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Segregate your garbage. Save the planet!

Posted by Royal Sundaram on 30 Mar 2011

What’s the relation between your home’s garbage and global warming? Let’s connect the dots in this article.

 

 

 

 

Understand what your garbage consists of

Any day, your garbage will have the following things :

    • Leftover food
    • Vegetable/Fruit peels
    • Waste Paper
  • Polythene bags
  • Broken plastic
  • Aluminium foil
  • Used cosmetic bottles

Environmentalists divide household garbage into –

  • Perishable items which ultimately will rot – Such as vegetable/fruit peels, leftover food, used tea leaves, coffee grounds, egg shells, dried leaves, etc. Also referred as organic waste.
  • Imperishable items which can be reused by recycling – Such as plastics, paper, polythene bags, broken glass jars, aluminium foil, etc.
  • Imperishable items which cannot by reused in anyway – Such as rubber, cloth pieces, wood pieces (covered with paint), etc.

90 – 95% of your garbage falls into the first 2 categories.

What happens to your garbage after it leaves your home and how it affects the environment

99% of garbage is dumped in landfills. Your home’s garbage might seem a very small quantity. But imagine 6 billion times of it! That’s the quantity being dumped everyday!

Once dumped in landfills –

  • Organic wastes undergo slow decomposition, releasing Methane. It is a greenhouse gas which cause global warming (average increase in temperature of planet).
  • Most imperishable items lie in landfills for years together. Polythene bag you dump today would remain there even 100 years from now.
  • Plastics and polythene bags often get buried in the soil, and prevent rain water from mixing with the groundwater.
  • Garbage pollutes groundwater, wastes the soil, and makes the air around it smell filthy. It’s a hazard to people living around it.

Believe it or not, your garbage actually contributes to global warming and pollution.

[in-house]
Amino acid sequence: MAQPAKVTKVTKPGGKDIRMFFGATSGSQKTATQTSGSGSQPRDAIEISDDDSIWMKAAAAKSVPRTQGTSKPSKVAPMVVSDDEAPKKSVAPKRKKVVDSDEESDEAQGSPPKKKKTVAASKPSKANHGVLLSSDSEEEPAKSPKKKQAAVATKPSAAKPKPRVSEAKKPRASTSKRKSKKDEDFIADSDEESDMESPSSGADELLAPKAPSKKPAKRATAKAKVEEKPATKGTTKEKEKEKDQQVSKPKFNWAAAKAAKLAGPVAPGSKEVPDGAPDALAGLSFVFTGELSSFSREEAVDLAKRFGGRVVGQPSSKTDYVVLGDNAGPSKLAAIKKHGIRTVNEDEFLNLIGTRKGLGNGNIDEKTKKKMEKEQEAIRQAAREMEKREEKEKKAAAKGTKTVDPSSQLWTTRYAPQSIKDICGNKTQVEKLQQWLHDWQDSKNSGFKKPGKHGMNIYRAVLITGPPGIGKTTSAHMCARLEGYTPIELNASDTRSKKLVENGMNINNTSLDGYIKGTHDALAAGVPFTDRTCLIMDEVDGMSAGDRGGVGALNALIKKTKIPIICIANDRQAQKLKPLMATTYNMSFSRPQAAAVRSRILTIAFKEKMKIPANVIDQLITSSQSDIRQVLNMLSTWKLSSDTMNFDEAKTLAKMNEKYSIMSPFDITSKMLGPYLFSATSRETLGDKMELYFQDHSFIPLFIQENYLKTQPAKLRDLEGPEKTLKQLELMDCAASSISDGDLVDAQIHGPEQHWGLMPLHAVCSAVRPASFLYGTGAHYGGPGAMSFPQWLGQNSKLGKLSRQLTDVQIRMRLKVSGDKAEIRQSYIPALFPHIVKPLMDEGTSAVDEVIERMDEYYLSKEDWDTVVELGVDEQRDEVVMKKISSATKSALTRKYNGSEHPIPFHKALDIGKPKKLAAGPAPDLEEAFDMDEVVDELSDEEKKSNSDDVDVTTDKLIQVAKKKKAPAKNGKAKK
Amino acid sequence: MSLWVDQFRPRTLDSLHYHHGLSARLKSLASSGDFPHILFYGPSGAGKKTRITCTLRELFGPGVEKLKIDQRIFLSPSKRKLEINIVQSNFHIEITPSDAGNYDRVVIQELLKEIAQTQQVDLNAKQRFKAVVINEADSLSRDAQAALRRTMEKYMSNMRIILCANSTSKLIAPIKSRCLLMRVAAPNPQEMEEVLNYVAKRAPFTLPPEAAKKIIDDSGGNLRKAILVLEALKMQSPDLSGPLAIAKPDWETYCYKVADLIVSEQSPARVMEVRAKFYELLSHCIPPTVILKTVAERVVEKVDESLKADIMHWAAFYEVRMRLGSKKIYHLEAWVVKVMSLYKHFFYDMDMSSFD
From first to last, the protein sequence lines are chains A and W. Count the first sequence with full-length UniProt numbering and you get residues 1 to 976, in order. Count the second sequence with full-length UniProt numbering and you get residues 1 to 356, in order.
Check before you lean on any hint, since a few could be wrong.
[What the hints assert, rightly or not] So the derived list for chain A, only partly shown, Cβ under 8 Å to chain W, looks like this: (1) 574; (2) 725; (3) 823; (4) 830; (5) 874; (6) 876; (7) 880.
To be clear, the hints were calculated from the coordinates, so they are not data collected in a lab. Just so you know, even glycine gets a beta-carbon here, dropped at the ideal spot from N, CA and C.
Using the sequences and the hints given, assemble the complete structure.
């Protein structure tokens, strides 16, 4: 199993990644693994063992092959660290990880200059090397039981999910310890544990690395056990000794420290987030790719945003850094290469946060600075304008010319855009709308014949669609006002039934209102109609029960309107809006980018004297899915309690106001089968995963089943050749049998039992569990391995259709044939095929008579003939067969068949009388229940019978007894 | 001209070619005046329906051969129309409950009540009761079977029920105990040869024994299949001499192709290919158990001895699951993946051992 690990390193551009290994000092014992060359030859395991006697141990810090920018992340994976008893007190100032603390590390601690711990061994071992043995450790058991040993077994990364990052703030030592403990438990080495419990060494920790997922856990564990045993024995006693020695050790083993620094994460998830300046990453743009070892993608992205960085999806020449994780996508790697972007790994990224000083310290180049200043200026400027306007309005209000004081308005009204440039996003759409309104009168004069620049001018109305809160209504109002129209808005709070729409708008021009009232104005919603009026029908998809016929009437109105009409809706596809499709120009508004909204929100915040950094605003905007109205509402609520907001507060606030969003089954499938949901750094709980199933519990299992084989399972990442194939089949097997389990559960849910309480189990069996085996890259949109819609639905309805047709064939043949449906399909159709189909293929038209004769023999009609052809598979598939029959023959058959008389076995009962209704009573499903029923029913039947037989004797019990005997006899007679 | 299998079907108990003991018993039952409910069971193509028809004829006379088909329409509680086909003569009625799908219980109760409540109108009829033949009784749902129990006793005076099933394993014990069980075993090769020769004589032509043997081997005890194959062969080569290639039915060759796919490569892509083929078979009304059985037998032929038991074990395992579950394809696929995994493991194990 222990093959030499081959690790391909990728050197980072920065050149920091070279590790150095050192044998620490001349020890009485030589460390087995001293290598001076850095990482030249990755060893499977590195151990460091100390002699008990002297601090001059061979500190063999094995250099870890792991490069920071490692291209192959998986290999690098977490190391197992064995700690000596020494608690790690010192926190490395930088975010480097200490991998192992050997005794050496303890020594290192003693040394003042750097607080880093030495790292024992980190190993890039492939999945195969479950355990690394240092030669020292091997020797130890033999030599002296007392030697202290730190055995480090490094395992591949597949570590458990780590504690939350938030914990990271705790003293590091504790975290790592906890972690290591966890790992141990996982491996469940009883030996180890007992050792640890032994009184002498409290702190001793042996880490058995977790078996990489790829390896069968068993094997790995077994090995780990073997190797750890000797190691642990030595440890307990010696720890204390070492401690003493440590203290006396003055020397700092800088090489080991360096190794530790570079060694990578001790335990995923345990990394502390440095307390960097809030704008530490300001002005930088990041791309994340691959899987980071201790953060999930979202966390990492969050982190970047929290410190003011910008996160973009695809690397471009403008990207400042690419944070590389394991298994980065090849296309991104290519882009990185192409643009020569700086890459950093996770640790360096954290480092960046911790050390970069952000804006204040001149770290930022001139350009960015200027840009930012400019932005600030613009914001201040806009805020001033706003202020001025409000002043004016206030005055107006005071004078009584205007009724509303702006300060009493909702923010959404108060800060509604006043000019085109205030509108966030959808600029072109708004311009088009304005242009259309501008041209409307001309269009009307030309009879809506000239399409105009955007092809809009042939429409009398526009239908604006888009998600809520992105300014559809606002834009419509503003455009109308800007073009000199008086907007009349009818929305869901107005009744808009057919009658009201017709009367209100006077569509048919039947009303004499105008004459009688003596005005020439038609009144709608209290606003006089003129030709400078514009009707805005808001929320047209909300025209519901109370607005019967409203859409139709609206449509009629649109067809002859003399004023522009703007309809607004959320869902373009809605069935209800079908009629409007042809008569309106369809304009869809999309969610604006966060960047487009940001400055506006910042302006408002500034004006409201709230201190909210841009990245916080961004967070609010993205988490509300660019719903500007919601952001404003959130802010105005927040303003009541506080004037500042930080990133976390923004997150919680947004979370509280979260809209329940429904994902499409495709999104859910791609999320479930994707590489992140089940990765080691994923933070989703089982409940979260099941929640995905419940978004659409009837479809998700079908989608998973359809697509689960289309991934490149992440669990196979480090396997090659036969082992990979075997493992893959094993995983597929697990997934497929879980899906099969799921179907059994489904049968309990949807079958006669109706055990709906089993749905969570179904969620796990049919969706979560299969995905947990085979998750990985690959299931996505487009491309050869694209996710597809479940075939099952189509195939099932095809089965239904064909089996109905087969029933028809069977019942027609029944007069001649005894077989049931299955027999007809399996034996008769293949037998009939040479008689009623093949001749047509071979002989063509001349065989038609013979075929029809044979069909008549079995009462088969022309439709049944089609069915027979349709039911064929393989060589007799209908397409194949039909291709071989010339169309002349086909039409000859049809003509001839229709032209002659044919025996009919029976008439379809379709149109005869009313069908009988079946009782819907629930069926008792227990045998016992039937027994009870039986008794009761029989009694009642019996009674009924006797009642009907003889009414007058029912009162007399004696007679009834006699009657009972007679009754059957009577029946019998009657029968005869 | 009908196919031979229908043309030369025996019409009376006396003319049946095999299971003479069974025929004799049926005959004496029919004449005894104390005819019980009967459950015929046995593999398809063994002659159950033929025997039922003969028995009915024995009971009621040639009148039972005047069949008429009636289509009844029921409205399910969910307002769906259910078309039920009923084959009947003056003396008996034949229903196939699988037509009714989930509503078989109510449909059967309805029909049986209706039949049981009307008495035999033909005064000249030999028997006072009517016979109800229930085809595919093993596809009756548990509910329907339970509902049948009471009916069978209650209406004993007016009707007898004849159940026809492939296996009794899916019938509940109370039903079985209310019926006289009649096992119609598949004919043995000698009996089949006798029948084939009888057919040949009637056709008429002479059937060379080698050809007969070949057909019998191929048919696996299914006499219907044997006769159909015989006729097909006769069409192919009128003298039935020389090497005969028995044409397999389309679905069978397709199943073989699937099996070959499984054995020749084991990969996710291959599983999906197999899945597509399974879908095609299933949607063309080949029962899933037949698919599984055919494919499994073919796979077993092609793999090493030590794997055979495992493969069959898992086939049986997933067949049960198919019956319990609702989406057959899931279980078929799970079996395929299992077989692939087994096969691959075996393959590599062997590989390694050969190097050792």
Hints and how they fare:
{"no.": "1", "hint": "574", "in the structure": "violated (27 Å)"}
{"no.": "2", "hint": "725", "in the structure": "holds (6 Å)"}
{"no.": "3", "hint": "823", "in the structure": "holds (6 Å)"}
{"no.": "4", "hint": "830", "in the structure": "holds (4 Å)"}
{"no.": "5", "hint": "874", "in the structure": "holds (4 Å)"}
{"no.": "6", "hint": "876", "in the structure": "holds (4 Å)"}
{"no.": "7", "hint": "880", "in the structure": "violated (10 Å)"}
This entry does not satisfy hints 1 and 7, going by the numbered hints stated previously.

What you could do to help the environment –

Step 1 – Segregate your garbage…or simply use 3 different dustbins – one for all the organic wastes, one for items which can be recycled and a third one for items which has to be discarded.

Step 2 – Compost the organic wastes. All you have to do is –

  • Dig a 1 m3 hole in your backyard, or garden. Any empty space would do!
  • Put all your organic wastes into it and cover with a thin layer of soil. Don’t put meat, bones, fish, oil, or paper into it.
  • Keep adding your daily garbage and cover with soil. It has to be kept moist, so water once in a while.

If you compost, the end product of organic garbage is humus, which looks and feels like soil. It is a natural fertilizer for your plants.

There are NO greenhouse gases released in atmosphere because of composting!

Step 3 – Collect paper, old bottles, broken plastic dabbas, polythene bags to your kabadiwallah. He’d pass it on for recycling. 1 tonne of paper recycled saves 17 trees, 1,436 Litres of oil, 26,460 Litres of water and 4,000 kW of electricity.

Step 4 – Find a recycler in your city, especially for recycling glass and aluminium. You’d be surprised to find the number of companies, online, who’d be willing to offer you a solution.

If you can find like minded people in your neighbourhood, you can collectively hire a person to take care of these jobs!

As you’ve seen, you can reduce 90% of your garbage. If the entire city segregates their garbage, 90% of the land occupied by it, can be utilised.

So to help curb global warming and thus save the planet, start with your garbage! Be Mother Earth’s Superman!

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